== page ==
By Nina Levine, David Lee Miller
Harry Berger, Jr., has lengthy been one among our so much respected and revered literary and cultural critics. because the overdue nineties, a circulate of outstanding and cutting edge courses have proven how very huge his pursuits are, relocating from Shakespeare to baroque portray, to Plato, to theories of early culture.In this quantity a individual team of students gathers to have fun the paintings of Harry Berger, Jr. To celebrate,in Berger's phrases, is to go to anything both in nice numbers otherwise frequently-to depart and are available again, leave and are available again, leave and are available again. Celebrating is what you do the second one or 3rd time round, yet no longer the 1st. To rejoice is to revisit. To revisit is to revise. party is the eureka of revision.Not simply former scholars yet uncommon colleagues and students come jointly in those pages to find Berger's eurekas-to revisit the rigor and originality of his feedback, and infrequently to revise its conclusions, throughout the enjoyment of strenuous engagement. Nineteen essays on Berger's Shakespeare, his Spenser, his Plato, and his Rembrandt, on his theories of interpretation and cultural switch and at the ethos of his severe and pedagogical types, open new methods to the stunning ongoing physique of labor authored via Berger. An creation via the editors and an afterword by way of Berger himself position this competition of interpretation within the context of Berger's highbrow improvement and the reception of his paintings from the mid-twentieth century into the 1st decade of the twenty-first.
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Additional resources for A Touch More Rare: Harry Berger, Jr., and the Arts of Interpretation
Its conﬁdence goes along with an immense sense of play and readiness to be questioned. The criticism is pragmatic in its local attentions to particular works, scenes, and characters, yet driven by preoccupations whose sources are often mysterious. ’’ I’ve in fact always wished he’d take time to write on Kafka, but then I’d also like to read Harry Berger on Dante, Cervantes, Mary Shelley, and Lewis Carroll. I thought of the title of this talk before I knew what I meant to talk about. There are two senses of ‘‘self-hatred’’ that, as I’ve considered things, now seem most relevant.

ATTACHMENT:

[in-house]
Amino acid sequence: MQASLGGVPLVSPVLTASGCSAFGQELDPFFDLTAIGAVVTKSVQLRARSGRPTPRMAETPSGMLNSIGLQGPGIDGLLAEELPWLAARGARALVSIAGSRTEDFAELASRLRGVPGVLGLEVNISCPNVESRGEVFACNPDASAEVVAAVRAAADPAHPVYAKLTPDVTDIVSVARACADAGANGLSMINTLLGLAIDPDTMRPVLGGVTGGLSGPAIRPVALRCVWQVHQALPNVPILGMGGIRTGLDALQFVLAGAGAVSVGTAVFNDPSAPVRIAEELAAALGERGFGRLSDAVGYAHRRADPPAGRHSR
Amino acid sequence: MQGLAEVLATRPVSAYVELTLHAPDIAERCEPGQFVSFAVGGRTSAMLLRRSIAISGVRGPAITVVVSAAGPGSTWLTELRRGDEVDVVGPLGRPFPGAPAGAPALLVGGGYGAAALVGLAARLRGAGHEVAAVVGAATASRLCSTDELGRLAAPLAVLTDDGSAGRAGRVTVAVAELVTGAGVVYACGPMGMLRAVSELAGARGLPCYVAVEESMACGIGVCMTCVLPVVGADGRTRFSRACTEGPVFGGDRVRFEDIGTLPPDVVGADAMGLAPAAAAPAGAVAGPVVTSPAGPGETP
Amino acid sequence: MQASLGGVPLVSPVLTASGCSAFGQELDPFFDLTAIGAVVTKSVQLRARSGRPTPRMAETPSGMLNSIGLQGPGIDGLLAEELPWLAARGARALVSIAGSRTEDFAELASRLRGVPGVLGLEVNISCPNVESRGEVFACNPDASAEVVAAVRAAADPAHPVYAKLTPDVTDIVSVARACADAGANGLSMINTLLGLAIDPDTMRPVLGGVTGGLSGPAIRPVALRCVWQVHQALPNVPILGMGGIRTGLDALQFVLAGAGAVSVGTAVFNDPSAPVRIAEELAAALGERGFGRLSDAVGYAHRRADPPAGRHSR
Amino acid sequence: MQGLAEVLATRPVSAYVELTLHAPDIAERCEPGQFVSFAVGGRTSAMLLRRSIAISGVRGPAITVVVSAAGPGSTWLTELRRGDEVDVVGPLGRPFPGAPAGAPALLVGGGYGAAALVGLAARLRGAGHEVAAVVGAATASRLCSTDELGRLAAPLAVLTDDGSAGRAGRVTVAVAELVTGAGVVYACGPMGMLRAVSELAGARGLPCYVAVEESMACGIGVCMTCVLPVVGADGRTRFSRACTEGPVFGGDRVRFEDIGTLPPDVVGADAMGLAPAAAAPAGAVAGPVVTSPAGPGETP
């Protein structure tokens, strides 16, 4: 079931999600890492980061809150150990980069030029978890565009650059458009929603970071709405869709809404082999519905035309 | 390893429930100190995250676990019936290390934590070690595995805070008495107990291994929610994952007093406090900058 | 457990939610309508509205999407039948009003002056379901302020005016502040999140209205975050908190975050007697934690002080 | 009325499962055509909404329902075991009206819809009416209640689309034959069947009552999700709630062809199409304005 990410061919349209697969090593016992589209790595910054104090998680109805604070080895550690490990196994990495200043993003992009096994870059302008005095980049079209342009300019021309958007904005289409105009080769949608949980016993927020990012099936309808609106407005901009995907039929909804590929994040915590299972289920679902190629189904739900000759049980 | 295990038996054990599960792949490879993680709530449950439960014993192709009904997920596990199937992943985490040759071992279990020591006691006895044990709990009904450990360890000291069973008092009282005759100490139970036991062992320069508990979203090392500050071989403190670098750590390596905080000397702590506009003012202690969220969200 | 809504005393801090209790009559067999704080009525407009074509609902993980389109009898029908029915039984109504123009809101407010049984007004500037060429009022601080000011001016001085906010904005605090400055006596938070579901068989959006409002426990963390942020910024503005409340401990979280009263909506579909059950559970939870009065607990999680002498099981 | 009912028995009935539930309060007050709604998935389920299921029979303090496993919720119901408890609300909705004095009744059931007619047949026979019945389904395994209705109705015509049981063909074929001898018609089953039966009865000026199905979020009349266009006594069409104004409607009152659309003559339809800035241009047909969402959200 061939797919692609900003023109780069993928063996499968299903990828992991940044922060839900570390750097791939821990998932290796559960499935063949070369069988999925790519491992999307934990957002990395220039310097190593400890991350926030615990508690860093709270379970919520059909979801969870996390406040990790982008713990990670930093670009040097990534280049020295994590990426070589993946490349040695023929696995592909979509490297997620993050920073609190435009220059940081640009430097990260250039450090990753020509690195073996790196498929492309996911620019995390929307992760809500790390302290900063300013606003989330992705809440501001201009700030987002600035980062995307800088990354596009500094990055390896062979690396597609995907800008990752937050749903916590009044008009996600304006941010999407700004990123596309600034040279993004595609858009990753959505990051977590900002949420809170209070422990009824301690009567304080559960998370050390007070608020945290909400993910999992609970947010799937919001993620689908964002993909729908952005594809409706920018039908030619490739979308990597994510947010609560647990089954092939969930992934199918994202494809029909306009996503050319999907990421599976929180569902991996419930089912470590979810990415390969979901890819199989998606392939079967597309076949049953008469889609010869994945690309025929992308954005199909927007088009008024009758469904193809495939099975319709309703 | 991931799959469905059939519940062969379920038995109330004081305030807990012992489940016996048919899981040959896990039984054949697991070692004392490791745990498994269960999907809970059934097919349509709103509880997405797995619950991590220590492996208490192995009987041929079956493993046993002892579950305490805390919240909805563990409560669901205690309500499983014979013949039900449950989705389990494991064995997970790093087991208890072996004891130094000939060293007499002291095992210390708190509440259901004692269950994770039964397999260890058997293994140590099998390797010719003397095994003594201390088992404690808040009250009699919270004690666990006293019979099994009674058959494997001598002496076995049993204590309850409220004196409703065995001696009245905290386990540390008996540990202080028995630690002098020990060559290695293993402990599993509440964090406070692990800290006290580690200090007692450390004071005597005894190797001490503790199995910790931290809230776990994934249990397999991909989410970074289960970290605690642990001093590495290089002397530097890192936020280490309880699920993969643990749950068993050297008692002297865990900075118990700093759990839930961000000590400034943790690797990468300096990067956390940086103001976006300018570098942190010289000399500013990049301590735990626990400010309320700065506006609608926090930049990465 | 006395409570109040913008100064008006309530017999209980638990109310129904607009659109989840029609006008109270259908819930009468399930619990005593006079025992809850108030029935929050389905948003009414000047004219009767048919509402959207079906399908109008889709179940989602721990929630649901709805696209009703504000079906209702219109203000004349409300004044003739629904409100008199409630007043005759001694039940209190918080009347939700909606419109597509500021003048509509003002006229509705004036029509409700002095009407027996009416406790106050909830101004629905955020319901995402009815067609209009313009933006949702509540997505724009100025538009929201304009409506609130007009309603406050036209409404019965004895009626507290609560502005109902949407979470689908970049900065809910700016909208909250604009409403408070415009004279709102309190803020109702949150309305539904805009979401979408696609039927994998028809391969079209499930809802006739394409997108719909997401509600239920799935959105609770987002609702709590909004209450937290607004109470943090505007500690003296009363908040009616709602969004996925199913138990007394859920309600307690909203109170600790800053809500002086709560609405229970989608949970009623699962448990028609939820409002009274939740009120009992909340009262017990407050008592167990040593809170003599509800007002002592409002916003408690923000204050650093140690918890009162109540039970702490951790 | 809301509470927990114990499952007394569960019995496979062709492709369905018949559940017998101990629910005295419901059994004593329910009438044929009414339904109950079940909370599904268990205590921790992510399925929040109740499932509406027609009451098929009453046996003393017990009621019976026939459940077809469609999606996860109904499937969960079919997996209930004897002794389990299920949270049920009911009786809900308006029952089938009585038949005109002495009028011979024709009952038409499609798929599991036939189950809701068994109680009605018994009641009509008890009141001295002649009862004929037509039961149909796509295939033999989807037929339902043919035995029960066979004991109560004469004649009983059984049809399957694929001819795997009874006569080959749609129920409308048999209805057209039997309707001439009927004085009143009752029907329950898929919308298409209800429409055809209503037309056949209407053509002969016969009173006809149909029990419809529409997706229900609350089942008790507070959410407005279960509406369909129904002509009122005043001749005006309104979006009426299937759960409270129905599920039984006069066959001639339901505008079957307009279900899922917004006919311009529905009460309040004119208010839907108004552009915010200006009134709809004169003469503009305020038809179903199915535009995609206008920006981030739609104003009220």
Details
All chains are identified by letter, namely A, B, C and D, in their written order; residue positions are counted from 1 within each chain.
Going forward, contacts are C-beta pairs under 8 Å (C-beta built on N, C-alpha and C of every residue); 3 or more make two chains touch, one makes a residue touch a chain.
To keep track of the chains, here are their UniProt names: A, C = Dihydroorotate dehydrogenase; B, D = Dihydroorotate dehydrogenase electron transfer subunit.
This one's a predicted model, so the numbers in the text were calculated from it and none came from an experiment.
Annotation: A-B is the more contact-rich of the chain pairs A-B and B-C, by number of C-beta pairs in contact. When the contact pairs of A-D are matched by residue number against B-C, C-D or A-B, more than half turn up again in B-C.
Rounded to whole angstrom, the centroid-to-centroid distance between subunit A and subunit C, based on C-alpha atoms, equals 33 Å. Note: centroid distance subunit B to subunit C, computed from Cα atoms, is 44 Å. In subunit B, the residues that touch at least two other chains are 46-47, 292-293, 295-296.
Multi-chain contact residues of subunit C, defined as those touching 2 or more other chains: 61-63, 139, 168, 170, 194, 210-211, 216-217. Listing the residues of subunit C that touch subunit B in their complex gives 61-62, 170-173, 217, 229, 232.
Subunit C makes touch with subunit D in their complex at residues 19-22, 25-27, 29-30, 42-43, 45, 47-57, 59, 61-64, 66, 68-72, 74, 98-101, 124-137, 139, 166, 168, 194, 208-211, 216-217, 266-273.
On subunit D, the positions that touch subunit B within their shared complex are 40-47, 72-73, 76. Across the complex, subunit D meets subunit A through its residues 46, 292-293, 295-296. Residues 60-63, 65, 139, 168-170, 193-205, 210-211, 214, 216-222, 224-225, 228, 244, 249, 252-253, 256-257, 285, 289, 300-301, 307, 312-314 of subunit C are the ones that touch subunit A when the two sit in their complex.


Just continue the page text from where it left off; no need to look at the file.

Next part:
It is a kind of work, a kind of taking responsibility, a kind of generosity—and also a refusal of mere authority. It is a project for growing up that tries to avoid putting away the wrong 30 Harry Berger and Self-Hatred childish things—and we are wont in our pretenses of maturity, as John Hollander once said, to put away just the wrong childish things. 21 Something like this seems necessary, at least if we are to see how a human speaker can, at certain moments, take a stand within an ethical discourse, how a person can say ‘‘I am guilty,’’ or ‘‘I have been victimized,’’ or ‘‘take this gift,’’ or ‘‘I honor you,’’ without such utterances being inevitably subject to suspicion.
It happens to be the ﬁrst article I ever published, called ‘‘The Theatrical Consistency of Richard II,’’ and I cite it less to ﬂog a long-buried triﬂe of my own than to summon up a sense of one particular corner within Shakespeare studies, rather a forgotten one in some respects, in the 1970s and 1980s—for which I’m afraid that I must once again wax autobiographical. In brief: my whole professional life has been characterized by various multiple personalities. The particular one that afﬂicted me the earliest and the longest was between doing literary scholarship and doing theater.
A Touch More Rare: Harry Berger, Jr., and the Arts of Interpretation by Nina Levine, David Lee Miller